Over 400 teachers and educators have launched an open letter to The Science Museum, renewing pressure to drop its four fossil fuel sponsors and pledging not to bring students to the associated exhibition.
The letter, now made public, sees 417 teachers and educators pledge to avoid the Energy Revolution Gallery if – as planned – it is sponsored by coal and renewables giant Adani when it opens next year.
The letter was coordinated by the Fossil Free Science Museum collective, a group of organisations in opposition to the energy company sponsorship deals made by The Science Museum Group .
The group includes Culture Unstained, a campaign group against the fossil fuel sponsorship of culture, which has previously campaigned against The Science Museum’s sponsorship deals with energy companies.
The letter reads: “As educators, we have a legal duty to ensure our students are receiving a fair and balanced education, which prepares them properly for their future. There is no doubt among the scientific community that in order for us to turn the tide on catastrophic warming, we have to leave fossil fuels in the ground and end the exploration for high carbon energy. The business interests and practices of your major fossil fuel sponsors go directly against this.’”
Chemistry teacher Ian McDermott from Harris Westminster Sixth Form, who signed the letter, said: “The board have a duty to these young people to think again.”
Meryl Batchelder, a science teacher from Corbridge Middle School, said: “Greenwashing has no place in education and I will not be bringing pupils to the Museum until the ethos of the Board of Directors changes.”
In October 2021 Culture Unstained accused Adani Green Energy’s parent company, Adani Group, of ‘greenwashing’ pointing to reports that the group plans to expand its fossil-fuel based energy production while also claiming it is committed to climate change.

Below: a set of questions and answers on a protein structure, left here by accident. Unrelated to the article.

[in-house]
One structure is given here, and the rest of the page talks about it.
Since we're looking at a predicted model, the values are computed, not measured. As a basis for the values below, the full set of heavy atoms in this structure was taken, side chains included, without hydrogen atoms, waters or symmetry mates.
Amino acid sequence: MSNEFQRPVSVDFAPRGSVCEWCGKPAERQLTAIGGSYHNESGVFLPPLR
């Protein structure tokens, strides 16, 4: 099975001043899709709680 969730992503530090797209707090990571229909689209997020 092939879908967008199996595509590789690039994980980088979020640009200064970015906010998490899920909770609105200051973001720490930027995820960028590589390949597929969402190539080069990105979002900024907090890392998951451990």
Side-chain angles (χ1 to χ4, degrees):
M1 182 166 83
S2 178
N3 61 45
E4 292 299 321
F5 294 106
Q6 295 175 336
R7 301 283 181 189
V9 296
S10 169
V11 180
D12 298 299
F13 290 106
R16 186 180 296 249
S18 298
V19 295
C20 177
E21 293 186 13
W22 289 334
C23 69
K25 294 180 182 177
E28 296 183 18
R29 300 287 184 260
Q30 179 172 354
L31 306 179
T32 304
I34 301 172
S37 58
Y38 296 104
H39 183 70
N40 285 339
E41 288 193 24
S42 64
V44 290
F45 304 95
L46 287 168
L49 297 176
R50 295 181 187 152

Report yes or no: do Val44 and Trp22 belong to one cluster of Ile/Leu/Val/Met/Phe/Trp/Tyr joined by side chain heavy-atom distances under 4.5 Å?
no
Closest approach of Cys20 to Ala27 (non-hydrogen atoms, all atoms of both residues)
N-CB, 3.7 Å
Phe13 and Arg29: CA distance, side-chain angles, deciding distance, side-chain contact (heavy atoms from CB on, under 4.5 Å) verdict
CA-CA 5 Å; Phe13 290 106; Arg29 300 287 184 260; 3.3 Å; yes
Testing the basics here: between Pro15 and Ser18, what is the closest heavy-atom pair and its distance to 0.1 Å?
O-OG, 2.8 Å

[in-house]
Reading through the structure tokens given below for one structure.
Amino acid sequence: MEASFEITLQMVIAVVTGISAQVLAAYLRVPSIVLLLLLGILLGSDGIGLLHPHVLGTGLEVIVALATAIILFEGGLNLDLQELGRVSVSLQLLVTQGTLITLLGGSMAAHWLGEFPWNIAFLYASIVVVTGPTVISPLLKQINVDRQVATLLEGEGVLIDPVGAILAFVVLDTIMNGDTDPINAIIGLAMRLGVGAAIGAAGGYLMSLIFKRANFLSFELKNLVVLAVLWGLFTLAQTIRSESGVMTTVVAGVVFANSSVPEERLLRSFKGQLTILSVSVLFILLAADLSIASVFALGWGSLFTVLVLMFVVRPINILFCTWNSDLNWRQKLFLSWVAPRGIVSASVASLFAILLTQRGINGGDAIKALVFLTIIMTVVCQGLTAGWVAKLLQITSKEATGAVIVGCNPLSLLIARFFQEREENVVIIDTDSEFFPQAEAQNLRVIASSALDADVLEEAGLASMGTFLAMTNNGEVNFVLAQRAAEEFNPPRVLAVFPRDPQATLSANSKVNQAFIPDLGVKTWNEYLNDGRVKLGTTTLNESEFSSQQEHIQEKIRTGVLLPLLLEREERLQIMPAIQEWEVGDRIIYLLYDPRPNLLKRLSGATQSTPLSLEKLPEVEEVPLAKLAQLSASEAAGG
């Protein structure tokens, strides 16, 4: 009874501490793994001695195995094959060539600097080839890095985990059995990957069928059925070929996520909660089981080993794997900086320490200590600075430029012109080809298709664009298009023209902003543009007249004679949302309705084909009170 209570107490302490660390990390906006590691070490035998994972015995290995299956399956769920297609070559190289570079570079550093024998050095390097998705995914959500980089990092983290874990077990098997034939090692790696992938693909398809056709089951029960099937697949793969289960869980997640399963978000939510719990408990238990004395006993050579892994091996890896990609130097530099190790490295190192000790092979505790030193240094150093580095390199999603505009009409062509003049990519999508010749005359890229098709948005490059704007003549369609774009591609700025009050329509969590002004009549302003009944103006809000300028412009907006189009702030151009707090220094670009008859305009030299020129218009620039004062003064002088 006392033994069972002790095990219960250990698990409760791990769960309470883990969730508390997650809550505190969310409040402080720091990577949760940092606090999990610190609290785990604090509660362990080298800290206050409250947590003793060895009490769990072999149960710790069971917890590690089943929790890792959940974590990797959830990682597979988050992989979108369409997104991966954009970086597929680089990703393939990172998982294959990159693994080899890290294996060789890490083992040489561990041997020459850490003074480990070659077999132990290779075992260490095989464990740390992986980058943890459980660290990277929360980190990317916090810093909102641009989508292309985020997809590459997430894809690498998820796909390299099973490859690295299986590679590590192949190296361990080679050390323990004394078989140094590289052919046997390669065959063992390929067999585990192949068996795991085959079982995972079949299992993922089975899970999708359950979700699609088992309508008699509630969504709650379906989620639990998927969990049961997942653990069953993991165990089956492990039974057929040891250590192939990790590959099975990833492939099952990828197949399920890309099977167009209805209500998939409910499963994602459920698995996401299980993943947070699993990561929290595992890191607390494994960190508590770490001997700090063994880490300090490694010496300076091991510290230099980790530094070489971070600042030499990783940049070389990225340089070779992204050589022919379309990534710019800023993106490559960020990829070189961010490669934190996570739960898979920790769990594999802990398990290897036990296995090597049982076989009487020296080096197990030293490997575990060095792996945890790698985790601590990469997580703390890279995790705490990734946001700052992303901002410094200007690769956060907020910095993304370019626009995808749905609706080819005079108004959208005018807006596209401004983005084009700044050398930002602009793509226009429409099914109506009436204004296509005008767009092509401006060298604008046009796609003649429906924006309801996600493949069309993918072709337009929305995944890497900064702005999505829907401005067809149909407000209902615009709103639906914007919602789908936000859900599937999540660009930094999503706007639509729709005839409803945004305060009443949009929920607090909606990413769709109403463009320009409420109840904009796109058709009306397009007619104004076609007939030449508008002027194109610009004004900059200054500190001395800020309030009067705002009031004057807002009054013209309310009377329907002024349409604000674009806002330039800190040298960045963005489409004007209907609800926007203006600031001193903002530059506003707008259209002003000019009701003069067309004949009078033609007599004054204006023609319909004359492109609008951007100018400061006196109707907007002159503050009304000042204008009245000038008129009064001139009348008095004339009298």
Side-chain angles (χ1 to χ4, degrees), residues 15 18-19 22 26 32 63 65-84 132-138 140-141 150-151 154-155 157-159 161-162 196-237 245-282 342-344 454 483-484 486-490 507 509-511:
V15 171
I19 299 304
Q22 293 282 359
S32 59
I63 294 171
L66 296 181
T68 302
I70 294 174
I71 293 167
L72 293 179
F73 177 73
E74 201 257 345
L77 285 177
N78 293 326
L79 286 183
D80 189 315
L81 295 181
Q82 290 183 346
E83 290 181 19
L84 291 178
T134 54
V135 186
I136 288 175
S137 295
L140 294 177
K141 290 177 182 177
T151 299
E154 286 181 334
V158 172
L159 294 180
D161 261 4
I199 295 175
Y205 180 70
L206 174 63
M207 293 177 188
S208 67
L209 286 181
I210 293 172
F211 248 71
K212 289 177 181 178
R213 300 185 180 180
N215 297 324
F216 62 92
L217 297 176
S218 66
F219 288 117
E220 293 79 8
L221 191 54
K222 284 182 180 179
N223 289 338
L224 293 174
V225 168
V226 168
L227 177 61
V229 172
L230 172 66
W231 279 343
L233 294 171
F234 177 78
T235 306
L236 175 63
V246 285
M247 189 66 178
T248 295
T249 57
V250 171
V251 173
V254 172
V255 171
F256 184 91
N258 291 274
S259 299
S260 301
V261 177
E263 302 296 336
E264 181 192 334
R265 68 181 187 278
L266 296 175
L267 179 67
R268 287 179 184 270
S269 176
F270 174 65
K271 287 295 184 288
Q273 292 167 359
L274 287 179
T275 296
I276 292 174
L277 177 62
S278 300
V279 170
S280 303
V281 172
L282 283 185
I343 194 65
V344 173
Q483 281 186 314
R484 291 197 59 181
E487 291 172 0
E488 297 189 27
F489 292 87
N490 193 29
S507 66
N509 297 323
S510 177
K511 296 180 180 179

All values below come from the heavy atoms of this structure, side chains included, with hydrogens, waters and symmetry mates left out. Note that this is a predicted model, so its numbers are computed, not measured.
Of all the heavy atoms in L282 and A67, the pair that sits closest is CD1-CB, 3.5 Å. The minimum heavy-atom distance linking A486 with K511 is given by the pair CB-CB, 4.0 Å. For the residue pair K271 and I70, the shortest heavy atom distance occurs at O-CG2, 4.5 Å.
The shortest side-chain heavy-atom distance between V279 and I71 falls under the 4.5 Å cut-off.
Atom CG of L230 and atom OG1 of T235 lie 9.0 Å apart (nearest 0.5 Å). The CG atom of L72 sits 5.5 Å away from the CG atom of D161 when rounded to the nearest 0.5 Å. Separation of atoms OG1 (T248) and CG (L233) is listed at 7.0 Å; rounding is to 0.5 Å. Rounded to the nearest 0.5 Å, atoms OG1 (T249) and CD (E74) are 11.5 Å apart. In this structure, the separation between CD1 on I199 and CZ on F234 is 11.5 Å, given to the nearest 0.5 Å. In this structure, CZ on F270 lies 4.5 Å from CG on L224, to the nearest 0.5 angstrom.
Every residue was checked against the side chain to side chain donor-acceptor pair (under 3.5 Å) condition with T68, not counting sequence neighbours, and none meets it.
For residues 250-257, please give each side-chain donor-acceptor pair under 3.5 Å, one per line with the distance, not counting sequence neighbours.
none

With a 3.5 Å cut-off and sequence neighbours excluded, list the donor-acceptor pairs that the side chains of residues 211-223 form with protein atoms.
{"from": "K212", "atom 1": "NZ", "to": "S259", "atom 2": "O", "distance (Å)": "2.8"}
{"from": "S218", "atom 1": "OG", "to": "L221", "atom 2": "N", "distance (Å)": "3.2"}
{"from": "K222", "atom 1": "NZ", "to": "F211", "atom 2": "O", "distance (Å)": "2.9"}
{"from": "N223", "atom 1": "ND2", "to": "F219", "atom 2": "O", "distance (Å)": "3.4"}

And in the same month youth climate activist group UK Student Climate Network London – also a member of the Fossil Free Science Museum collective – alongside scientists and campaigners occupied the Science Museum in a protest against its sponsorship deals with oil and gas companies.
Then, in November 2021 Science Museum Group board members Dr Jo Foster and Dr Hannah Fry resigned from their posts following a disagreement over the Adani sponsorship and an open letter saw 60 science professionals – some of whom have previously worked with the Science Museum Group – sign a pledge not to work with the organisation while it accepts funding from fossil fuel companies.
Responding to the letter, Ian Blatchford, director of the Science Museum Group, said its position had not changed.
“‘We agree that climate change is the most urgent challenge facing humanity but we don’t agree with the argument from some who say we should sever ties with all energy companies with an association, direct or indirect, with fossil fuels. We believe the right approach is to engage and challenge companies and other partners to do more to make the global economy less carbon intensive.”
The sentiment is echoed in a blog by Dame Mary Archer, chair of the Science Museum Group Board of Trustees, which was posted earlier this month.
Archer wrote: “Some campaigners have urged us to rule out working with all companies involved in fossil fuel extraction, including current sponsors such as Shell, BP and Equinor who provide money for us to fulfil our mission through sponsorship. In all such partnerships, the Science Museum Group retains editorial control.”
“Given the enormous expertise and funds tied up in those energy companies, they need to play a much bigger role in urgent change to prevent a climate catastrophe. This potential explains the position taken by the Science Museum Group over the past decade that it would be counter-productive to rule out engaging with the entire sector.”